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I am trying to write some thread safe methods so I am using:

...
dispatch_queue_t main = dispatch_get_main_queue();
dispatch_sync(main,^{
  [self doSomethingInTheForeground];
});
...

But If I am on the main thread that is not necessary, and I can skip all those dispatch calls, so I would like to know what thread I currently am on. How can I know this?

Or, perhaps it does not make difference (in performance) doing it?

Is it ok to do this comparison?

if (dispatch_get_main_queue() == dispatch_get_current_queue()){...}
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1  
Not just less overhead using one of the techniques mentioned, but if you do a dispatch_sync to the same queue you're running on, you'll deadlock. dispatch_async would be okay. –  smparkes Feb 11 '11 at 1:52
    
If you need a more generic solution to prevent deadlocking in libdispatch, check out these helpers. They dont cover main_queue, just be careful with that. gist.github.com/1205760 –  steipete Sep 9 '11 at 9:57

6 Answers 6

up vote 12 down vote accepted

Updated answer:

The Apple docs have changed and now say "When called from outside of the context of a submitted block, this function returns the main queue if the call is executed from the main thread. If the call is made from any other thread, this function returns the default concurrent queue." so checking dispatch_get_main_queue() == dispatch_get_current_queue() should work.

Original answer:

Using dispatch_get_main_queue() == dispatch_get_current_queue() won't work. The docs for dispatch_get_current_queue say "When called outside of the context of a submitted block, this function returns the default concurrent queue". The default concurrent queue is not the main queue.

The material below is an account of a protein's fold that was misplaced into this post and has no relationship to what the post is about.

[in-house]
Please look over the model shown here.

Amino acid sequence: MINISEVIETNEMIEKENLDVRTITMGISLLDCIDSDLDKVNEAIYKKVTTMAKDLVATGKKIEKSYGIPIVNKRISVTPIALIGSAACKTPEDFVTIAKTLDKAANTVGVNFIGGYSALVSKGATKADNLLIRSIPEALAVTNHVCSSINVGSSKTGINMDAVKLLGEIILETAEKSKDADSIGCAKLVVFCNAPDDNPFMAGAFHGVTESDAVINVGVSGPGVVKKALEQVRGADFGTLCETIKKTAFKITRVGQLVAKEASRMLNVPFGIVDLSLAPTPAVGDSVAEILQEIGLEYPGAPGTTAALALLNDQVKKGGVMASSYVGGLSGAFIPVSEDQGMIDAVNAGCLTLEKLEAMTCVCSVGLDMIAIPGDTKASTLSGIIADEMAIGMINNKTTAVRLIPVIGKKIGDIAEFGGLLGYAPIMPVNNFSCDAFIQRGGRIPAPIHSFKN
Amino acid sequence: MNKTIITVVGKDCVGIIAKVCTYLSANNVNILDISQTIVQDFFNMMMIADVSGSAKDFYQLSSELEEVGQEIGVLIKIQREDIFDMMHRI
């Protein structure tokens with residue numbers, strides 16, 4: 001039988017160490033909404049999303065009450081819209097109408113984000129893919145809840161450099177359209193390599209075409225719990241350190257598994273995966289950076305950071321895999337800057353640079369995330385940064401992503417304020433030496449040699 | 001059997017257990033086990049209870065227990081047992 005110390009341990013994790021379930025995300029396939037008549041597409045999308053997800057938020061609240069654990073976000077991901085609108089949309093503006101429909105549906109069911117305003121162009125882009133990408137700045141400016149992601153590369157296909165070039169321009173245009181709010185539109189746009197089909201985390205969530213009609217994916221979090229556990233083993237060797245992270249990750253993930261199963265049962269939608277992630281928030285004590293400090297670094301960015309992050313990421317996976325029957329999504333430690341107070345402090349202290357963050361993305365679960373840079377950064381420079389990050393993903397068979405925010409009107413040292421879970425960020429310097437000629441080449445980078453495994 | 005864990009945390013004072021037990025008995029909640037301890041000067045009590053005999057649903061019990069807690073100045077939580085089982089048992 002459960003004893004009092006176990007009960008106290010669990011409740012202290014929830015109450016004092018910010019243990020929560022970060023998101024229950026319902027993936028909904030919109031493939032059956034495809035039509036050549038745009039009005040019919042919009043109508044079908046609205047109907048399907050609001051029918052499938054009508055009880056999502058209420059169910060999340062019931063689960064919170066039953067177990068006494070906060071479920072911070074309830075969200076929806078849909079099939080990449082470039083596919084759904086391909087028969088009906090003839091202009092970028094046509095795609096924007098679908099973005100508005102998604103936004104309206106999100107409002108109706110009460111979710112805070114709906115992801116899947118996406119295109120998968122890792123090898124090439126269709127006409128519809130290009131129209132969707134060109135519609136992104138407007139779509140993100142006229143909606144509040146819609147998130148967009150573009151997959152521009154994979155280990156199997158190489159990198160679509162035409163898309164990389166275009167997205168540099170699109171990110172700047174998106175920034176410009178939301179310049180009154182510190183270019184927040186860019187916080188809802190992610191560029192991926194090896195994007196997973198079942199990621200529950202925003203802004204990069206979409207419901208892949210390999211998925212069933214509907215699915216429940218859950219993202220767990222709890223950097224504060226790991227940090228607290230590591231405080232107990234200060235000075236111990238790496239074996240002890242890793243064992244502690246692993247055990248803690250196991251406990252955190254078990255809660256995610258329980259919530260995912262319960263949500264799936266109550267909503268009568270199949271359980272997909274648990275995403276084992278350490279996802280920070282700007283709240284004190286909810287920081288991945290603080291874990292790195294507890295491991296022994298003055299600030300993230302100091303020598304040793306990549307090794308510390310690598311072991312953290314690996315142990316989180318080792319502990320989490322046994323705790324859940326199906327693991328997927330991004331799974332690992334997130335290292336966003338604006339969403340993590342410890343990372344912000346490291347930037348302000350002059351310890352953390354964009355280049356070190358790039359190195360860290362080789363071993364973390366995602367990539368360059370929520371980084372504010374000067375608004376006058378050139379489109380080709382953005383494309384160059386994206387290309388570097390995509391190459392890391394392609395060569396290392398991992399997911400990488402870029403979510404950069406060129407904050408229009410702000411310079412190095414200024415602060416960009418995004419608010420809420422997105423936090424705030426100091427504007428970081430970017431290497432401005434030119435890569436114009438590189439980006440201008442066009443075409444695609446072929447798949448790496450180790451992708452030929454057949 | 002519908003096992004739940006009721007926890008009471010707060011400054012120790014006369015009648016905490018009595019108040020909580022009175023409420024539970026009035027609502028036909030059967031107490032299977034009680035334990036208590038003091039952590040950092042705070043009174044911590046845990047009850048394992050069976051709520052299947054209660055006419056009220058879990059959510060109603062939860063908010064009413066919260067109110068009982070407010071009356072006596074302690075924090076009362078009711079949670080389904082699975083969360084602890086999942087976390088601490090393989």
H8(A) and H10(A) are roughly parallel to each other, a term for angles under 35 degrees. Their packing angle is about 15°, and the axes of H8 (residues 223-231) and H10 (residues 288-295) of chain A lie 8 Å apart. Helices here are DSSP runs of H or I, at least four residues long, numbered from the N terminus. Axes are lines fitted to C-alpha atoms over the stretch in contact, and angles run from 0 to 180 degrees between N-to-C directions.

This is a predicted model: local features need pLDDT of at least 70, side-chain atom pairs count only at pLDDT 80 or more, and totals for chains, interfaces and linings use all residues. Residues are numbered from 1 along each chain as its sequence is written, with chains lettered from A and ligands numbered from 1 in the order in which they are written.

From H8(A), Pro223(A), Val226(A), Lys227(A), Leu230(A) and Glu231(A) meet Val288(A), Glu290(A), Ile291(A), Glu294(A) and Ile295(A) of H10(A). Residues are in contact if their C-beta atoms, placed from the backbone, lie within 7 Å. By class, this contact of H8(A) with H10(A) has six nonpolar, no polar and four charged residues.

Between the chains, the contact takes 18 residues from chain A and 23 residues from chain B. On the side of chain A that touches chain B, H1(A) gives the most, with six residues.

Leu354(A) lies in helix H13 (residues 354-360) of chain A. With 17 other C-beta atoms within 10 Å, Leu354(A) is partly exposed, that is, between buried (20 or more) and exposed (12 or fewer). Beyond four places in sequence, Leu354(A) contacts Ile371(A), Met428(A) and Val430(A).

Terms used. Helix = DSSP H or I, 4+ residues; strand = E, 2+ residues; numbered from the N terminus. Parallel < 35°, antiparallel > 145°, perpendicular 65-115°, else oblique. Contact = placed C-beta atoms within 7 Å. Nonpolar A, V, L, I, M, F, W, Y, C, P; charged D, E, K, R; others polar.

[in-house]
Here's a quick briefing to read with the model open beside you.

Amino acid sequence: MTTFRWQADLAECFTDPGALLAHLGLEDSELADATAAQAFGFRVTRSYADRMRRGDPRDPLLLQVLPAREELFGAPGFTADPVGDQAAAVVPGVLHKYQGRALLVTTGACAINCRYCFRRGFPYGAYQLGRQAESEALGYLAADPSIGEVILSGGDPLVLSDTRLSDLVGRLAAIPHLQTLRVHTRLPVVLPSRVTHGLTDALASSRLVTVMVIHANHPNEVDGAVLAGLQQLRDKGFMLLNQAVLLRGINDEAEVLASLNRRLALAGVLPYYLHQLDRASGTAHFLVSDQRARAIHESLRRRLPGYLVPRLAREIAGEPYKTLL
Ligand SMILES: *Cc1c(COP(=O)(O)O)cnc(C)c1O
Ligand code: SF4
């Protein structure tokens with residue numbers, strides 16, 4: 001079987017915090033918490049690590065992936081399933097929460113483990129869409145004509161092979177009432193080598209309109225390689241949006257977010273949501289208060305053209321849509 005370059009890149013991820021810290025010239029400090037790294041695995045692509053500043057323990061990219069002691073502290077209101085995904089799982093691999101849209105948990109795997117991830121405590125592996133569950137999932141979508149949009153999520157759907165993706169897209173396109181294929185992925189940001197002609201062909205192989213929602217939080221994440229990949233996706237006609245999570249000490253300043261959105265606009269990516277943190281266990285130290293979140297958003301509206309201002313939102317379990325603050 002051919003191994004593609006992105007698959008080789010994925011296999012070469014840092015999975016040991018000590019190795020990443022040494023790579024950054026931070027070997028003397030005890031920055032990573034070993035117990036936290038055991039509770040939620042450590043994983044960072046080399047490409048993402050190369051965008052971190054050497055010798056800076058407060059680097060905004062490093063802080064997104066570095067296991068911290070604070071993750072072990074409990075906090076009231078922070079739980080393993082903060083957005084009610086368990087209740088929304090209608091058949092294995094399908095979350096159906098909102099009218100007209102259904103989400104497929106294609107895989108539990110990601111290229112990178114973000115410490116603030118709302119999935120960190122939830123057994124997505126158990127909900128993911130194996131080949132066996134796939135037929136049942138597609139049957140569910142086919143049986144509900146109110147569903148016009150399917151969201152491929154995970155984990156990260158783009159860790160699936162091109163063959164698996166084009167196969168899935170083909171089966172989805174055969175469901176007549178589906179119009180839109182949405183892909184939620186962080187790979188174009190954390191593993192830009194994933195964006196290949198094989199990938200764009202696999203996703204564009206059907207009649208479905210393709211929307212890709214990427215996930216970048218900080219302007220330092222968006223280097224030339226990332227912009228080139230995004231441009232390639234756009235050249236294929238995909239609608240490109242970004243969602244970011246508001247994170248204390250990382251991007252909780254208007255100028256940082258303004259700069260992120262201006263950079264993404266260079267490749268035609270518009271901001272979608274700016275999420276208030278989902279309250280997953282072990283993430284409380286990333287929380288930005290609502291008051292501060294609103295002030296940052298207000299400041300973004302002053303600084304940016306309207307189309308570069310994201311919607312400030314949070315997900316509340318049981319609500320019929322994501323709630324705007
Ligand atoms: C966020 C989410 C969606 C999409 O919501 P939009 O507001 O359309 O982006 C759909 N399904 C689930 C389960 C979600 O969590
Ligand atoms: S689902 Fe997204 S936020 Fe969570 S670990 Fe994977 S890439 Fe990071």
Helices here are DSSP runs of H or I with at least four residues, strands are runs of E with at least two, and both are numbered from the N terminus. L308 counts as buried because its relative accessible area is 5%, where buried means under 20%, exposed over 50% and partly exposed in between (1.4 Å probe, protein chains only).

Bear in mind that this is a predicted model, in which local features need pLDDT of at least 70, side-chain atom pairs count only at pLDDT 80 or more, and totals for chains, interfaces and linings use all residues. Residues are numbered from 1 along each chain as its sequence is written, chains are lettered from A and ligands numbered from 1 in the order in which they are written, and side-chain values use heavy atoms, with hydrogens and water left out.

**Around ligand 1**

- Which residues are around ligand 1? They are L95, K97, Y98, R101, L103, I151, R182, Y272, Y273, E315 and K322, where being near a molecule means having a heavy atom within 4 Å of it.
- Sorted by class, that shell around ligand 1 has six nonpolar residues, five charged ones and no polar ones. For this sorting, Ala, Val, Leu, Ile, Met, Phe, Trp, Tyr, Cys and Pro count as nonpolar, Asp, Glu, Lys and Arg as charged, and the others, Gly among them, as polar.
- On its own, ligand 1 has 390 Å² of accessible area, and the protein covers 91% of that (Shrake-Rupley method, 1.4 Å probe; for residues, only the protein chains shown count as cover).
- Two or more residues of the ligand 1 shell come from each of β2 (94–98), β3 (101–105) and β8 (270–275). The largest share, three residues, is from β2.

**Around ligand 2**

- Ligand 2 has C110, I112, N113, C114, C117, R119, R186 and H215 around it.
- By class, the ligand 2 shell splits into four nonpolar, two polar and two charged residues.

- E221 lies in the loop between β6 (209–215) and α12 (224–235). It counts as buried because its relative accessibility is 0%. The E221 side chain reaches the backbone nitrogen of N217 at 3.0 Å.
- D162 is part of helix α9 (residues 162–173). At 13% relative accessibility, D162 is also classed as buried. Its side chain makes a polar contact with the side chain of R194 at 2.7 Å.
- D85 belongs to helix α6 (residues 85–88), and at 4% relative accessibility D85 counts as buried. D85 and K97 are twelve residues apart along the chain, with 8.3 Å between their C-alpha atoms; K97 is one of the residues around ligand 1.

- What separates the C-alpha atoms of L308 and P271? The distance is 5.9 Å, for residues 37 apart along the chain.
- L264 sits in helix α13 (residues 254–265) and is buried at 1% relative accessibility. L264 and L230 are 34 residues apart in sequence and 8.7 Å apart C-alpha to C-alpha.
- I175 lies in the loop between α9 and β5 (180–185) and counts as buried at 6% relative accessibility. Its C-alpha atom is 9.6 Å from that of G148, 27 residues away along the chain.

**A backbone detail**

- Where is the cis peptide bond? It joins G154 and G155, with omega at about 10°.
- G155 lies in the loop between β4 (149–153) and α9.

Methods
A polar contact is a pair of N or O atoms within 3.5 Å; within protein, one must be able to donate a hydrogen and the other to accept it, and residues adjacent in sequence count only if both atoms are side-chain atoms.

[NSThread isMainThread] should work for what you want. Note that [NSThread isMainThread] can be true for for queues other than the main queue though, e.g., when calling dispatch_sync from the main thread.

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2  
Actually, it says "When called from outside of the context of a submitted block, this function returns the main queue if the call is executed from the main thread. If the call is made from any other thread, this function returns the default concurrent queue." –  mikelikespie Oct 24 '11 at 21:10
    
New docs. Nice update. –  smparkes Oct 25 '11 at 0:31
1  
Thank you so much for the update. I think this is the way we all expect it to work like :) –  nacho4d Oct 25 '11 at 3:12
3  
Looks like dispatch_get_current_queue() is deprecated now, what is an alternative? –  Shizam Apr 12 '13 at 18:59
    
you should use dispatch_get_specific. See stackoverflow.com/a/15725847/412916 and the link to Apple forums in the comments. –  Jano Sep 15 '13 at 21:47

On OS-X 10.8, in the header file (queue.h), in the comment above the dispatch_get_current_queue() function, it is written:

When dispatch_get_current_queue() is called on the main thread, it may or may not return the same value as dispatch_get_main_queue(). Comparing the two is not a valid way to test whether code is executing on the main thread.